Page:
How does everything work?
How was MyFi built?

How were the videos made?

Cookie Tree shot all the footage for the videos on her iPhone. She glitched the videos in real time with an analog video glitch processing pipeline. The pipeline is displayed in the diagram below.

Block diagram of
    the MyFi video glitch processing pipeline. The first block is
    Cookie Tree's computer. The output of that block is HDMI digital
    video signal, which feeds into Convert video from digital to
    analog, which outputs analog video signal. This goes into the
    Fritz Decontroller glitch processor built by Big Pauper
    (BPMC). The output of this is Glitched analog video signal. This
    is fed into a Time Based Corrector (TBC). The output of this is
    Time corrected + glitched analog video signal. This is converted
    from analog to digital video. Then the output of this is Time
    corrected + glitched digitial video signal. This is fed into an
    Elgato HD60S+ capture card. The output from this is then returned
    back to Cookie Tree's computer for recording.

Cookie Tree produced all footage in the collection using the pipeline above. She made 232 video performances for MyFi. These performances range from one minute long to over two hours long. In total these performances make up ~106 hours of video art. Each of these videos were glitched in real time. During many of her glitch performances, she listened to Dr. Slurp's music from the collection.

Once the glitched videos were recorded, Dr. Slurp wrote a program that split each video into 36.45569 second clips. This span of time lines up with the length of each audio track recorded. This number is not arbitrary; it is the amount of time that passes over 12 measures of 4/4 time at 79 beats per minute. The set of 232 performances were split into 10,602 clips.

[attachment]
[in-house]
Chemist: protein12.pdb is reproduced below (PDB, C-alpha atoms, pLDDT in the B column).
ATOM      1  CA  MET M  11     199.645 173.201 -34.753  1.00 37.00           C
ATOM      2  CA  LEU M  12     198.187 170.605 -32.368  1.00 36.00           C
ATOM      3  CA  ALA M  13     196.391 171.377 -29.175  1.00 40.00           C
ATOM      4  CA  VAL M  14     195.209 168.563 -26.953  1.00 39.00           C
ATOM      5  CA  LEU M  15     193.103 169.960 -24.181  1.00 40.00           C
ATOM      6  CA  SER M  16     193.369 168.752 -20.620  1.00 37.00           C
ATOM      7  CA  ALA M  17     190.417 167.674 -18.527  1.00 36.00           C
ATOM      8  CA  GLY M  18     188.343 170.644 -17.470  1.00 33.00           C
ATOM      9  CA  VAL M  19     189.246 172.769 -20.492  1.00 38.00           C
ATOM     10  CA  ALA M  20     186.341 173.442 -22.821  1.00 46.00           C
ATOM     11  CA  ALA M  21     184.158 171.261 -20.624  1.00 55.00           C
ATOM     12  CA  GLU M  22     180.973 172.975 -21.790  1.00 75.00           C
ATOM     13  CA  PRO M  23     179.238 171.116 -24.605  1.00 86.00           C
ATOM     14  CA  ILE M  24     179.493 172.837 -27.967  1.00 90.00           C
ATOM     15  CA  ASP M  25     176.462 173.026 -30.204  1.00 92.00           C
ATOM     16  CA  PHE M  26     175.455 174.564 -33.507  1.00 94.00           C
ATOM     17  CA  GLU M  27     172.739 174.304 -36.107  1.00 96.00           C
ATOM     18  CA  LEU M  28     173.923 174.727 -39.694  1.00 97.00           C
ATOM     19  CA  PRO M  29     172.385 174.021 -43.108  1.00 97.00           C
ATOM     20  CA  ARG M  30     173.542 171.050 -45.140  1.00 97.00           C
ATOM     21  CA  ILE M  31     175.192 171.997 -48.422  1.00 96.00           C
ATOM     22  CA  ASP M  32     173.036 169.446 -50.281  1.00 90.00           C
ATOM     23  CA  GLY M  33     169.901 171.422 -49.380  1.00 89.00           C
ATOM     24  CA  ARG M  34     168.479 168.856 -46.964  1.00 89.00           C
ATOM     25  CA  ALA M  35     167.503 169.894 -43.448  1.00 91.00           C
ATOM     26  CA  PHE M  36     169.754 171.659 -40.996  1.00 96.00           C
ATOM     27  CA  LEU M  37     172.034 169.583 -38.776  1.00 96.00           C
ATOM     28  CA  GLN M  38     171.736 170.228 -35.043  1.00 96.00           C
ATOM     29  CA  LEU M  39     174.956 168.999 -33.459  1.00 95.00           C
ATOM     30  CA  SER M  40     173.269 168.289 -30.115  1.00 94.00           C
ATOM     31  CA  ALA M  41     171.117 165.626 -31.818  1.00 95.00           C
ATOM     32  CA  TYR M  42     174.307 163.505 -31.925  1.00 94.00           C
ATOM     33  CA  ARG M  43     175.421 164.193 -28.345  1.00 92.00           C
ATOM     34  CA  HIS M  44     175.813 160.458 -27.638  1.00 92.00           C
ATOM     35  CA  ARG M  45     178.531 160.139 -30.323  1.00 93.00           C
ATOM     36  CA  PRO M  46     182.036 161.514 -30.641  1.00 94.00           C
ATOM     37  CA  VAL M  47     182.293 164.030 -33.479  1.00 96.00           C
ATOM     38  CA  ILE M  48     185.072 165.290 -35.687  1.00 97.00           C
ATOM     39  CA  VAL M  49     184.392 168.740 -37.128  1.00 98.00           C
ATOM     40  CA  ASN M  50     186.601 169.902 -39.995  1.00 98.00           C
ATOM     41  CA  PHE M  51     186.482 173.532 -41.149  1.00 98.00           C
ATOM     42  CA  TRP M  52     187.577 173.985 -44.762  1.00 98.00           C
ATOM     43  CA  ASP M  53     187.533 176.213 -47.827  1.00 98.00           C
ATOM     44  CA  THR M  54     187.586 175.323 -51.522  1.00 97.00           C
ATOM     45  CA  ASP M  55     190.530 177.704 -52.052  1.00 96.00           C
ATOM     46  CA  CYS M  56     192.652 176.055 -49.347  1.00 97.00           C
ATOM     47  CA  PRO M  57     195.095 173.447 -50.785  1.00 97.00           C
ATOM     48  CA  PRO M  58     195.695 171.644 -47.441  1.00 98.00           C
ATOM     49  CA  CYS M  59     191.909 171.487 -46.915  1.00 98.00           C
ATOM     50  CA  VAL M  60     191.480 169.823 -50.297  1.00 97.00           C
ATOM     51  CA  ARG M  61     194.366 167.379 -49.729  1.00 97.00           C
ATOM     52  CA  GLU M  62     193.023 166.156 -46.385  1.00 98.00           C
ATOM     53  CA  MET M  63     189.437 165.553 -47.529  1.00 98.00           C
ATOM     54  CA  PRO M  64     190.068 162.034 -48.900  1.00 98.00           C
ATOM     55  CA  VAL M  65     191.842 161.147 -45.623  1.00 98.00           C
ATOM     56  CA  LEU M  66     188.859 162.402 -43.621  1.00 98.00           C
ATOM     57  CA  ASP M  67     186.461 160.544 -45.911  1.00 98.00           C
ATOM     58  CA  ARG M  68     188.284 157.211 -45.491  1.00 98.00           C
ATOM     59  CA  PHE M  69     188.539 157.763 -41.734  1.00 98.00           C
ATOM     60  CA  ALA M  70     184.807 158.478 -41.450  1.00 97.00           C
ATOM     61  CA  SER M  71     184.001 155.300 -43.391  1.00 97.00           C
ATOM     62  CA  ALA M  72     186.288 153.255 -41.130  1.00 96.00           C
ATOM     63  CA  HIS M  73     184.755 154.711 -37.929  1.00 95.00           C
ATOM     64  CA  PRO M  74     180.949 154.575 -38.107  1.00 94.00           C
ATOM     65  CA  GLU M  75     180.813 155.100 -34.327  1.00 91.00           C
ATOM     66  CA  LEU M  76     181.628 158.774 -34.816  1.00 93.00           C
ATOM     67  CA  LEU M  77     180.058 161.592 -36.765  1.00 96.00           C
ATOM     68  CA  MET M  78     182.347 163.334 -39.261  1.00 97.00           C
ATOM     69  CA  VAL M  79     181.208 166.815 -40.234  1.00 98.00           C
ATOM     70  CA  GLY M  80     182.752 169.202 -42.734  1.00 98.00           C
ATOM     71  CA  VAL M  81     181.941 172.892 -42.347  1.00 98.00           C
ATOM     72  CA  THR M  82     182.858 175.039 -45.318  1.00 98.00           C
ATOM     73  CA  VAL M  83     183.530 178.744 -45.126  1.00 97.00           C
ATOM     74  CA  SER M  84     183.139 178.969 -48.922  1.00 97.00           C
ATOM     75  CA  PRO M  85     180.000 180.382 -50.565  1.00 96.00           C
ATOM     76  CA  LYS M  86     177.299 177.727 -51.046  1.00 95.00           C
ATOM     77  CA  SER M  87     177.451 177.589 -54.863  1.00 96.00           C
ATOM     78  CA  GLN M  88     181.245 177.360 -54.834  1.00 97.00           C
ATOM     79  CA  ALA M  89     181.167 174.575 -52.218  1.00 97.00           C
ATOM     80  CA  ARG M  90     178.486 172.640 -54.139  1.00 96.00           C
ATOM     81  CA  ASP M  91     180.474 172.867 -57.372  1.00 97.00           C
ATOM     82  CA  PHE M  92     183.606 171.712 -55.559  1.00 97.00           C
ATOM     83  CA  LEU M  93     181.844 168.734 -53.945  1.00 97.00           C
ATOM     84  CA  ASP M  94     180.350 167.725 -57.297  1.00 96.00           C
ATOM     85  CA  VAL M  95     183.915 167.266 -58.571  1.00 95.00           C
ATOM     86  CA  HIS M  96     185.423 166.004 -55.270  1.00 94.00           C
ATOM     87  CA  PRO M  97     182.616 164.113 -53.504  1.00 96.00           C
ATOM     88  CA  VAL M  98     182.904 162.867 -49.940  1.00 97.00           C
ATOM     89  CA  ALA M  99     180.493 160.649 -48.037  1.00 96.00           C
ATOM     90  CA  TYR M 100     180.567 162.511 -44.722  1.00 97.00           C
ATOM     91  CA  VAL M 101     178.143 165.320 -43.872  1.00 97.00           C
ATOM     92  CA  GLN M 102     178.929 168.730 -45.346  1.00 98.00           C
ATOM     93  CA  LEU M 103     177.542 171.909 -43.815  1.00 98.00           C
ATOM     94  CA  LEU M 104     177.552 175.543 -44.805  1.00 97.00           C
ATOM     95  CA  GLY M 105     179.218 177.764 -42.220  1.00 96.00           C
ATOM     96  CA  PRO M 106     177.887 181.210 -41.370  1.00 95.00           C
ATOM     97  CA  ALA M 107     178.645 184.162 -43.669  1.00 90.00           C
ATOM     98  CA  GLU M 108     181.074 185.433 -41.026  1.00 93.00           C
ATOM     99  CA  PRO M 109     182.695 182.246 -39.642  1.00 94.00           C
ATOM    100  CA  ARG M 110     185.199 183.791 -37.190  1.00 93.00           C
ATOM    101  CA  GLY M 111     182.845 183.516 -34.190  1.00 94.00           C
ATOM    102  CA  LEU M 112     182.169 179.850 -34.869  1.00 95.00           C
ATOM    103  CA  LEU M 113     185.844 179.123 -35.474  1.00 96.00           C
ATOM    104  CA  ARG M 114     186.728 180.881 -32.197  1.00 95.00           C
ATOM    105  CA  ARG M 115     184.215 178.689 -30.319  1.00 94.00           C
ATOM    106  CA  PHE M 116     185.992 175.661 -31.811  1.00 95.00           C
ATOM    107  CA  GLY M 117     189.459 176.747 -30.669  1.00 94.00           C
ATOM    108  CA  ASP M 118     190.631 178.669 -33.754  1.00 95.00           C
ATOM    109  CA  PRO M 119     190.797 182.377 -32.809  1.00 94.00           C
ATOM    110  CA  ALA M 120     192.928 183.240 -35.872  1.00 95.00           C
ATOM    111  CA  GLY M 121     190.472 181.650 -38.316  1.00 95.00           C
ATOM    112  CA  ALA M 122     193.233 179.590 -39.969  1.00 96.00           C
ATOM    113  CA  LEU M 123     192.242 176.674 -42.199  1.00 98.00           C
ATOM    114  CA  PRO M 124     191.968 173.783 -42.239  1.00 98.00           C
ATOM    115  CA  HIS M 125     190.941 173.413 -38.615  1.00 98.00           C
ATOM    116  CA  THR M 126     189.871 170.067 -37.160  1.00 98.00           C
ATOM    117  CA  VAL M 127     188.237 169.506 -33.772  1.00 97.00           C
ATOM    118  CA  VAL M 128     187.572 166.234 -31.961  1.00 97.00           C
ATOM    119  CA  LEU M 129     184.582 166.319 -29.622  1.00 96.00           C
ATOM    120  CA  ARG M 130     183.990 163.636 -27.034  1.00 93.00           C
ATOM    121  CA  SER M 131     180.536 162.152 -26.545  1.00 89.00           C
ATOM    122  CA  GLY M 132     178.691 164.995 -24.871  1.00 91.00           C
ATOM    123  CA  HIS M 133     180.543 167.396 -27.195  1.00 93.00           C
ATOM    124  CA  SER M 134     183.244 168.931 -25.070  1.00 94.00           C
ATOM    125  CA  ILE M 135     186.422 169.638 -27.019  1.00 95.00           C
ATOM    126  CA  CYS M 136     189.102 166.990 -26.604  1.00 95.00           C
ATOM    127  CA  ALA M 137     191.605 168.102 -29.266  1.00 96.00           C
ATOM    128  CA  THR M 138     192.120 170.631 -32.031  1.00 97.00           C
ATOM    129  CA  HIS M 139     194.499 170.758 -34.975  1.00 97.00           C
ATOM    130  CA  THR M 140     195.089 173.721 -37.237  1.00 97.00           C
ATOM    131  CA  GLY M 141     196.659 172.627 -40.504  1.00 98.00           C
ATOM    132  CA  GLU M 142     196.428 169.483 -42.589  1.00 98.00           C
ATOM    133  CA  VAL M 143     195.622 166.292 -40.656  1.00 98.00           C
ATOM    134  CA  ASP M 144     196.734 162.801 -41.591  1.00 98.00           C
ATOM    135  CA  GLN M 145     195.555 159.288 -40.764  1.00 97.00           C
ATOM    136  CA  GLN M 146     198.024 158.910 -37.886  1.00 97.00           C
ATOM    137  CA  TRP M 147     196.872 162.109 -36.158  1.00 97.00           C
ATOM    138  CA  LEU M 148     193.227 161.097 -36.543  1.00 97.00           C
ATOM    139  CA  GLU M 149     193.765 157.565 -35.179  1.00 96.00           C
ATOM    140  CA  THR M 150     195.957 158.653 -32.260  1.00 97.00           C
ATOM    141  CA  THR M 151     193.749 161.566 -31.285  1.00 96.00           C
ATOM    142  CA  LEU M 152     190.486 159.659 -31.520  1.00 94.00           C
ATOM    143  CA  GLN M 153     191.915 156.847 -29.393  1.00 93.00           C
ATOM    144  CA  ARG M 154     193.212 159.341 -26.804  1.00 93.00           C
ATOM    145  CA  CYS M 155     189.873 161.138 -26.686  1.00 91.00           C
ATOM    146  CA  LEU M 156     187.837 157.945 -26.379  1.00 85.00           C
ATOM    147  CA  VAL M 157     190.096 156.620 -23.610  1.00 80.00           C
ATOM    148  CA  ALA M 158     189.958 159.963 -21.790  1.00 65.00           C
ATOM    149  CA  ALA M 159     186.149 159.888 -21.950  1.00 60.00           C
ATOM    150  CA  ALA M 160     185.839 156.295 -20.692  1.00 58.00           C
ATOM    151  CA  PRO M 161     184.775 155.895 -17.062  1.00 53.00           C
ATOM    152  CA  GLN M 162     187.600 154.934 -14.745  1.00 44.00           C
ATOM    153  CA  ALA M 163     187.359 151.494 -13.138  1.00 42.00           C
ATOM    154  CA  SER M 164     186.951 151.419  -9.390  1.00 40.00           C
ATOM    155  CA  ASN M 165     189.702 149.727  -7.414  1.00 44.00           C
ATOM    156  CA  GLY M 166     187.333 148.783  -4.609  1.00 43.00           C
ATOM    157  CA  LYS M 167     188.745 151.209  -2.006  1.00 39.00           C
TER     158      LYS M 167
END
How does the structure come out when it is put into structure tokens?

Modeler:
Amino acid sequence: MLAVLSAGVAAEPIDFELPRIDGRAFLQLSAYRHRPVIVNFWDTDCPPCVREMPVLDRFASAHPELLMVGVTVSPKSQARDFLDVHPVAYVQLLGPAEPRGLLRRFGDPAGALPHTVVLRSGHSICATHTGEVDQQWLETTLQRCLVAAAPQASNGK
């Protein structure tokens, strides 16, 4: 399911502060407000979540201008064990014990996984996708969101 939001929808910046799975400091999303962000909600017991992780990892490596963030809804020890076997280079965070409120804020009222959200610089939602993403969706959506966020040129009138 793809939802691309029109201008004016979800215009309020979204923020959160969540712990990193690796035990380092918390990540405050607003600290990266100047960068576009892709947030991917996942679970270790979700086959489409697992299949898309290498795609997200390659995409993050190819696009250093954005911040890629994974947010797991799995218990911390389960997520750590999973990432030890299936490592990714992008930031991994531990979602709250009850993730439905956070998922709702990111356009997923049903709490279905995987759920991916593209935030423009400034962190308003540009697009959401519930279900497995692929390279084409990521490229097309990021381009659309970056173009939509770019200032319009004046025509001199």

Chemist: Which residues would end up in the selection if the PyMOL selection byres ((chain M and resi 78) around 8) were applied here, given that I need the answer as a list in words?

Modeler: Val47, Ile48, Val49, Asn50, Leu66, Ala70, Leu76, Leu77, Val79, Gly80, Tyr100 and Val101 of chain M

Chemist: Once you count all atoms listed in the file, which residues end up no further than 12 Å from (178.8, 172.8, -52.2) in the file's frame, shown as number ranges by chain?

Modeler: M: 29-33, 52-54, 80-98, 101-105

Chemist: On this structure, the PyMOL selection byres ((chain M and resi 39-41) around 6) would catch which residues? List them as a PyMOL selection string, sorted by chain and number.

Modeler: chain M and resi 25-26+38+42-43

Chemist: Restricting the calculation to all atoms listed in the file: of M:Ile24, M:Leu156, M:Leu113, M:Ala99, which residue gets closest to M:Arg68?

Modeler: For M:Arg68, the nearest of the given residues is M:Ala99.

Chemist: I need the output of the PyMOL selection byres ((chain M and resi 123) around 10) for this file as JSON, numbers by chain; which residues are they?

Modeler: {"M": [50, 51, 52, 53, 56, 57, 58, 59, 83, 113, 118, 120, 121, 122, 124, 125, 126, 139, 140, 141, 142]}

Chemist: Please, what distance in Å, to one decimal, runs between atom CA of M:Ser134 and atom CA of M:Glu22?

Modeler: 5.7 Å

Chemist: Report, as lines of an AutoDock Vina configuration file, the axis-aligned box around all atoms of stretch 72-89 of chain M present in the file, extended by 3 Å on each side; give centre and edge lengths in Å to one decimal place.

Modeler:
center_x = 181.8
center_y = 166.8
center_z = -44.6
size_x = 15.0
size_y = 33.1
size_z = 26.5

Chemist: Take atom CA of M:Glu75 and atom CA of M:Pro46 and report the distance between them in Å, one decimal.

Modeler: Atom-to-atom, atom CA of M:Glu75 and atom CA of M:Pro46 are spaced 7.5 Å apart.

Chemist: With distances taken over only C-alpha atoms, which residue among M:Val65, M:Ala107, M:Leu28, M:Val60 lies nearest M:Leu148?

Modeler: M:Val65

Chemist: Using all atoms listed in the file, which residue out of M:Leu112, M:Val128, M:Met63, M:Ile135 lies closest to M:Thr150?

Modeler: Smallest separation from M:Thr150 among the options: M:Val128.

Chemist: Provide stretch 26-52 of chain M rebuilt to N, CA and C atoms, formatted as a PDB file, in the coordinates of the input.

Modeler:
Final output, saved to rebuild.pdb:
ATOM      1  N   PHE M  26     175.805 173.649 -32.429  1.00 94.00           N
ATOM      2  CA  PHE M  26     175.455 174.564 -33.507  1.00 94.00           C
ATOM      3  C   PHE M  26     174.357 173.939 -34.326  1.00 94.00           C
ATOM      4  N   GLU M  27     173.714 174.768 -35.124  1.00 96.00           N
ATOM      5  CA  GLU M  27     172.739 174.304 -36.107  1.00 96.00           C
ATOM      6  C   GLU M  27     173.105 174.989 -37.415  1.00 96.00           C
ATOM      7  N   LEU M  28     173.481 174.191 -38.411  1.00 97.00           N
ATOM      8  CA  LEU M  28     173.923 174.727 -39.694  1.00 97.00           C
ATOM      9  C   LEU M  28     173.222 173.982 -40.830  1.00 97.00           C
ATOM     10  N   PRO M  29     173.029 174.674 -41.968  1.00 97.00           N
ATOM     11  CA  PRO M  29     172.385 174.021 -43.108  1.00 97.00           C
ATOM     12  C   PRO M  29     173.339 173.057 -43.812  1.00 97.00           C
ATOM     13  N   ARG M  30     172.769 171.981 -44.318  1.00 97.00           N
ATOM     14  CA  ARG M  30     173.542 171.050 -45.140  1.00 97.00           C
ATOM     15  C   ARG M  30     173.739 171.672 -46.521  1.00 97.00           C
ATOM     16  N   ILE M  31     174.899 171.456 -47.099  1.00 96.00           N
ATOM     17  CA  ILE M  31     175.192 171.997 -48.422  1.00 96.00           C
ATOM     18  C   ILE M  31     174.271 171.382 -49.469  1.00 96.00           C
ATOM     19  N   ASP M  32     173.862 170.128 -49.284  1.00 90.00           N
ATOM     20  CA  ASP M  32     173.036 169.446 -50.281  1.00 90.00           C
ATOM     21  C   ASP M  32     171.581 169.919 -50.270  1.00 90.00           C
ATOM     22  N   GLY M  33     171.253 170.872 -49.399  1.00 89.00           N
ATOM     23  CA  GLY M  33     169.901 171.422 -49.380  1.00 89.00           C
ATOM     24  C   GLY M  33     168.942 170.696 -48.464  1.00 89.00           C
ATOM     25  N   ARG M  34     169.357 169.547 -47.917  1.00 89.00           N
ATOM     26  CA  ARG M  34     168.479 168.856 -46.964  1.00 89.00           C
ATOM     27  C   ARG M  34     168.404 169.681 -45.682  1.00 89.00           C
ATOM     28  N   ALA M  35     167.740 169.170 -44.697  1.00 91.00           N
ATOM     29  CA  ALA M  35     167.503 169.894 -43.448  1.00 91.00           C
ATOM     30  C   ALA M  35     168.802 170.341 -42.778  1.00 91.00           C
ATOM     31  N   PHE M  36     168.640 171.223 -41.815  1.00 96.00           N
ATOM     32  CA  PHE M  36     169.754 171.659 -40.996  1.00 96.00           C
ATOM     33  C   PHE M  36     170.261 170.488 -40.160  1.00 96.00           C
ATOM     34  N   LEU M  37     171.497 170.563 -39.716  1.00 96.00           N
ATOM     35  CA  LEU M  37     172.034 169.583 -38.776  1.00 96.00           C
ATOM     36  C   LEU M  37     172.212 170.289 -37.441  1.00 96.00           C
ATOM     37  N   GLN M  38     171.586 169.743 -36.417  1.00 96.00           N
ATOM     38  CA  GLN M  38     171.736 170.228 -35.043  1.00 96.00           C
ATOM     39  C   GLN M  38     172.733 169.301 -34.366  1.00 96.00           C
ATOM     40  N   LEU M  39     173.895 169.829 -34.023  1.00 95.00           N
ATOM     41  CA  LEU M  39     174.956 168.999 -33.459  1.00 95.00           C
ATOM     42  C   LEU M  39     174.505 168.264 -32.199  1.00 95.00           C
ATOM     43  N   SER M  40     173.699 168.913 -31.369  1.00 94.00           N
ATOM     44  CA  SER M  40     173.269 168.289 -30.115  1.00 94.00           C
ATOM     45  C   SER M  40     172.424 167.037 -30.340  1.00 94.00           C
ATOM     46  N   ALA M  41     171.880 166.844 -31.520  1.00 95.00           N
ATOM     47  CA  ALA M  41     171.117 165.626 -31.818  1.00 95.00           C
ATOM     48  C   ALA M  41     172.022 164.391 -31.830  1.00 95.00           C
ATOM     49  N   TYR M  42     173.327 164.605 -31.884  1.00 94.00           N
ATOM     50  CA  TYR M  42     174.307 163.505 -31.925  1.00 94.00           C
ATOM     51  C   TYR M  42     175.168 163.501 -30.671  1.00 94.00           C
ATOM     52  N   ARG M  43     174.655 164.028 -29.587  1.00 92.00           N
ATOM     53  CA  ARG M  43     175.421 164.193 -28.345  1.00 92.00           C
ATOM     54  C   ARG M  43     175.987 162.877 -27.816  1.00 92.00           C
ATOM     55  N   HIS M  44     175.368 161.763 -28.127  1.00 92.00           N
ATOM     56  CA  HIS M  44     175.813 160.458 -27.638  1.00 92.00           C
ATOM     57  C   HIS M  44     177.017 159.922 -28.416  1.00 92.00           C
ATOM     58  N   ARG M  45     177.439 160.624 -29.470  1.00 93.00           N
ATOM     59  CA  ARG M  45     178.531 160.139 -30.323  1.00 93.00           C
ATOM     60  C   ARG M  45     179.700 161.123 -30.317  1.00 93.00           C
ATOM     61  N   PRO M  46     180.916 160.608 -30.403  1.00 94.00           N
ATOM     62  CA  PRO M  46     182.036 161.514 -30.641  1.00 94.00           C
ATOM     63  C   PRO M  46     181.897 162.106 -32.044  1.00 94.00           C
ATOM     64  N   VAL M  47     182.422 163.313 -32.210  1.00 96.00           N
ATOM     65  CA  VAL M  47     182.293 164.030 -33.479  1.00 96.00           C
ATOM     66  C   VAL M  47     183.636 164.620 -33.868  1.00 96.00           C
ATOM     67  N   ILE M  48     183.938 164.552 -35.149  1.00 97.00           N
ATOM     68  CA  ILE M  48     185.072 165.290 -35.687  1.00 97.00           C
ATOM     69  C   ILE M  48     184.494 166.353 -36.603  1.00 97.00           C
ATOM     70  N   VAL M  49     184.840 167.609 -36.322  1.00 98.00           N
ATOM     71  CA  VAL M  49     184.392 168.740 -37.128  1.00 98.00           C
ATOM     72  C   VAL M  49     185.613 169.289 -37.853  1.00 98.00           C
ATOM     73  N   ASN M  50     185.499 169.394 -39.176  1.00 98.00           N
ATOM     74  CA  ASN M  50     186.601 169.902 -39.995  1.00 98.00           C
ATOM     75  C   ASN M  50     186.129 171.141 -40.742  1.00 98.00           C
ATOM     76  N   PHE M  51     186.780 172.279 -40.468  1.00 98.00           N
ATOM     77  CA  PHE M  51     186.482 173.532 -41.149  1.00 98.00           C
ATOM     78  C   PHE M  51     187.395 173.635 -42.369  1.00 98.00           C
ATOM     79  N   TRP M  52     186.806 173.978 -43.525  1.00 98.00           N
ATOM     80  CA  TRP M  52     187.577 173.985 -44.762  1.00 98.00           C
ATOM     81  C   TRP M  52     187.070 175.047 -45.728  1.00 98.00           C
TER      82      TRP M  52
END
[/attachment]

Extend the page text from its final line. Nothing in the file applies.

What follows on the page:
How was the music made?

Dr. Slurp recorded 105 audio layers at his studio in the humid swamp of Miami, Florida. There are 19 types of layers, including bass (with a homemade digital wah), drum machine (teenage engineering po-12), kalimba, steel drum, cabasa, bells from cambodia, and analog synthesizer (moog matriarch). Each of these layers is the length of 12 measures of 4/4 at 79 beats per minute. Each part was recorded with either a sennheiser e 602-ii, or a fun condenser pencil mic for some of the percussion parts. The interface used was a steinberg ur-rt 4, with Neve transformers.

With the source audio in hand, Dr. Slurp wrote a beautiful/crazy Java program that combinatorially generates arrangements of the audio layers for each of the 232 video performances. The arranger was programmed with the intention of creating continuity across adjacent videos in a performance. The arranger is aware of which layers are part of the melodic and percussion sections, and it uses this information when planning which layers are chosen for the videos in a performance.

Once the arrangements are decided by the arranger, Dr. Slurp used another program he wrote to programatically mix the individual audio layers into songs for each of the 10,602 videos. Dr. Slurp built his own stereo .wav file mixer in Java, since there was nothing else available that could handle the task. After all the songs were mixed, they were then layered onto their corresponding videos.